Known as the first skyscraper in downtown L.A., the lavishly decorated 1904 Beaux-Arts style tower remained the city's tallest office building until the late 1950s.
Designed by John Parkinson, the 175-foot, 12-story Braly Block (now known as the Continental Building) was one of Los Angeles’ first skyscrapers. The building was completed shortly before the city established its building height limitations, which went into effect in early 1905. Consequently, the Braly Block remained the city’s tallest building for more than fifty years (only City Hall was taller because it was exempt from the limit by public vote).
The building, hailed as being virtually fireproof, contained many technological advances including a “state-of-the-art” steam heating plant and vacuum system.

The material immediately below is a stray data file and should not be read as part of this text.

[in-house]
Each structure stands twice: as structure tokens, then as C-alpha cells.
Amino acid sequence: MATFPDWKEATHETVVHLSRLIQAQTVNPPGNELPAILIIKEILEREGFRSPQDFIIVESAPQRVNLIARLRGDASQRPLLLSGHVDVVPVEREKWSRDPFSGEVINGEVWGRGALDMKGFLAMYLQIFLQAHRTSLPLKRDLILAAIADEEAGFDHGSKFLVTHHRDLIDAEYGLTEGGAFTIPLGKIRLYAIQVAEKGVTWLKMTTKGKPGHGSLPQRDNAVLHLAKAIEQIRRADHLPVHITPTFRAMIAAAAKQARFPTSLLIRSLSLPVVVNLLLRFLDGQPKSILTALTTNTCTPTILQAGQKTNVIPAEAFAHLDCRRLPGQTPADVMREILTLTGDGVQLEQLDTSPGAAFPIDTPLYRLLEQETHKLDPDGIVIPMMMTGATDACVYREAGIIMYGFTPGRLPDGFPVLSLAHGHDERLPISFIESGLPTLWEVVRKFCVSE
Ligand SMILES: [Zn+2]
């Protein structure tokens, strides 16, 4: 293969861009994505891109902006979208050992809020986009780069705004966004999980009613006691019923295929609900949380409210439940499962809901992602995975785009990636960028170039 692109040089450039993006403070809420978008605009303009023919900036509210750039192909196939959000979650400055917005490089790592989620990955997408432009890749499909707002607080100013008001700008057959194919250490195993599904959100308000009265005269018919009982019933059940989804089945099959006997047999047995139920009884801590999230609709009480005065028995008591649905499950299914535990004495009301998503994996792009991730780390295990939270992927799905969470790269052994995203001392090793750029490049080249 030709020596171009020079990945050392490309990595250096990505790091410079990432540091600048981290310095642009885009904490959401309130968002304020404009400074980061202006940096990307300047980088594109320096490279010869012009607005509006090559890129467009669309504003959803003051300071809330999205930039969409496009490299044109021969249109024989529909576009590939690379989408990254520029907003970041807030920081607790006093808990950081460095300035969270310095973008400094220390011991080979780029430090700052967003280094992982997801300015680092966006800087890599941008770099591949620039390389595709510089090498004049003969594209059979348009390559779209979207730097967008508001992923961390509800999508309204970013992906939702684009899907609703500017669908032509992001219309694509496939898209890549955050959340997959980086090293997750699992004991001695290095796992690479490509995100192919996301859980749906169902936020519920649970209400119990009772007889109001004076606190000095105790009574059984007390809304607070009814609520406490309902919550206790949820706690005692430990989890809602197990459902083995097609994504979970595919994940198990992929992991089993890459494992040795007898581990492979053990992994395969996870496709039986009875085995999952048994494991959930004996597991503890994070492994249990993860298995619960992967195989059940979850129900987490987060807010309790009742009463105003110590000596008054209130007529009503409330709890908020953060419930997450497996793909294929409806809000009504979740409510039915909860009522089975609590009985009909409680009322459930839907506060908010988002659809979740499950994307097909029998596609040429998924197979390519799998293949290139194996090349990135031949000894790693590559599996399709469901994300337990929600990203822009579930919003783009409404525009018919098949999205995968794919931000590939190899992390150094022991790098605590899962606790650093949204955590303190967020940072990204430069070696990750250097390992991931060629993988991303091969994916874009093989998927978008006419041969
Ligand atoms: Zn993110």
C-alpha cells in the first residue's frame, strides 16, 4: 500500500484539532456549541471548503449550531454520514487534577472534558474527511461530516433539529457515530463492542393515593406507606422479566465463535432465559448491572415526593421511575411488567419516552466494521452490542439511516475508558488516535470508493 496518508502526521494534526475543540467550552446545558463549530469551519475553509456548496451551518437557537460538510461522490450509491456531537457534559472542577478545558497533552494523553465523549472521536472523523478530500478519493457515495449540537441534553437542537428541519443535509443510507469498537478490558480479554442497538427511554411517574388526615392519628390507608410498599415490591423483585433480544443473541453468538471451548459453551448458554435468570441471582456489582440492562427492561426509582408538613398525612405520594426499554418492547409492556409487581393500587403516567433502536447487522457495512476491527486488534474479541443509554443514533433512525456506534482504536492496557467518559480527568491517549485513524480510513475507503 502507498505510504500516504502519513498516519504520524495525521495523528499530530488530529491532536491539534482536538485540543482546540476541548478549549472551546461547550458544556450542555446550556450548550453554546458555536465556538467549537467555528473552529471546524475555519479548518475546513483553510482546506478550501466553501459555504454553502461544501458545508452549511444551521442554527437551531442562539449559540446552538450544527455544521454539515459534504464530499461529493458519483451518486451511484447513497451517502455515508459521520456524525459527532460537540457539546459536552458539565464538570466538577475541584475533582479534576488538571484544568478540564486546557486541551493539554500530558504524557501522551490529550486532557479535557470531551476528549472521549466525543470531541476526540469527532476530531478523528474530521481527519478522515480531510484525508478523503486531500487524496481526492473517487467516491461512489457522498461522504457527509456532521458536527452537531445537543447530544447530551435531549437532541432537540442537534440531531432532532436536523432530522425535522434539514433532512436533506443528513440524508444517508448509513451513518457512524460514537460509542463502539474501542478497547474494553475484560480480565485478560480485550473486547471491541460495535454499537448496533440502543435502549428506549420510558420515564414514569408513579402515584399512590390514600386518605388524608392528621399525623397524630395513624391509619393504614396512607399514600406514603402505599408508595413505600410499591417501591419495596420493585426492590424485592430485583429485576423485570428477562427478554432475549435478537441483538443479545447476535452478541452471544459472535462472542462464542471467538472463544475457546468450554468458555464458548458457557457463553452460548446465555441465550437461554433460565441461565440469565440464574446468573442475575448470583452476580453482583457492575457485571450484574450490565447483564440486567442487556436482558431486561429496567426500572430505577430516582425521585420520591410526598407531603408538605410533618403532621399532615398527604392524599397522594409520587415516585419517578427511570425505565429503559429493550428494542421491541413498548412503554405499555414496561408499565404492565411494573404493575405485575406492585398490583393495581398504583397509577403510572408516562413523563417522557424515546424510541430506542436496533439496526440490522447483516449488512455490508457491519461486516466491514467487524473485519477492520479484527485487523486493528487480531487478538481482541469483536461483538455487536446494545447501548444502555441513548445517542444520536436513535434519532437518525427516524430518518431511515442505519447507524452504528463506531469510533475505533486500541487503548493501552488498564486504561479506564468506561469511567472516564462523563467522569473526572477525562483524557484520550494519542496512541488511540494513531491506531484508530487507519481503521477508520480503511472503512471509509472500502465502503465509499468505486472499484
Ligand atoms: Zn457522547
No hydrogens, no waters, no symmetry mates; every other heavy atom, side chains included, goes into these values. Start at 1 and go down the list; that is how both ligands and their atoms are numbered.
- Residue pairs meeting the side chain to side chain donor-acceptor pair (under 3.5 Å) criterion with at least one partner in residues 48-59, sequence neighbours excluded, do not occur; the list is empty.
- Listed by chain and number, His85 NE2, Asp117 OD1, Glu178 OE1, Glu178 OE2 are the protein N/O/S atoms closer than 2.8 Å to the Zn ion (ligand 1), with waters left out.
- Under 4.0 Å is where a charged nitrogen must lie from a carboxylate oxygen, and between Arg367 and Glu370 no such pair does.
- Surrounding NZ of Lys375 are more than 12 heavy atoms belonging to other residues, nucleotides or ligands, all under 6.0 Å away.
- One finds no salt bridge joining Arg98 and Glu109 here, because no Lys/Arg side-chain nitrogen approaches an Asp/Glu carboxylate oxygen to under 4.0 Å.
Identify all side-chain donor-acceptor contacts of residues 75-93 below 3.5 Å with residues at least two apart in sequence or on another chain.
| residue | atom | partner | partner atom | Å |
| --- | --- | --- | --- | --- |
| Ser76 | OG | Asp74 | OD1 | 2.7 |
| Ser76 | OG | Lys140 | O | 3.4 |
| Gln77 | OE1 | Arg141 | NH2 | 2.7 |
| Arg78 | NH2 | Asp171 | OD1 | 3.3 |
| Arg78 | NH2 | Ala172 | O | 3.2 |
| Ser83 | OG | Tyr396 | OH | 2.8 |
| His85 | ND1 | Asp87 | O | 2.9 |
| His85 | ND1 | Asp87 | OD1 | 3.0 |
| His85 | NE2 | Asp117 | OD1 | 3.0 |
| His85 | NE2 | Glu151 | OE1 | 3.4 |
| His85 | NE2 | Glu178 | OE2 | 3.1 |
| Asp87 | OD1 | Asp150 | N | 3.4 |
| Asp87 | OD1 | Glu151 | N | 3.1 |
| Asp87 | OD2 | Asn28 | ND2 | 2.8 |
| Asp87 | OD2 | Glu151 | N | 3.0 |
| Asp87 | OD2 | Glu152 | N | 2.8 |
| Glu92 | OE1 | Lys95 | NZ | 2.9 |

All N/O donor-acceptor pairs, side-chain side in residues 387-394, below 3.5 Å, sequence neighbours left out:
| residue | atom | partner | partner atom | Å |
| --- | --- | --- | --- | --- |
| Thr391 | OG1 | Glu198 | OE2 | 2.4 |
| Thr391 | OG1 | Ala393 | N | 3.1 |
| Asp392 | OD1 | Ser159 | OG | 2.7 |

The Braly Block was named for John Hyde Braly, who was president of the local business syndicate that constructed the building. Braly arrived with his family in Northern California from Missouri just before the Gold Rush of 1849. He made his fortune selling provisions to miners and later went on to become a farmer and the superintendent of schools in the Santa Clara Valley. He moved to San Diego in 1887, where he became a banker, and in 1891 moved to Los Angeles.
Although no original interior elements remain, the Braly Block’s profusely decorated attic story ornamented with massive rounded columns is unchanged. The building housed many different banks over the years, and now serves as loft-style apartments.
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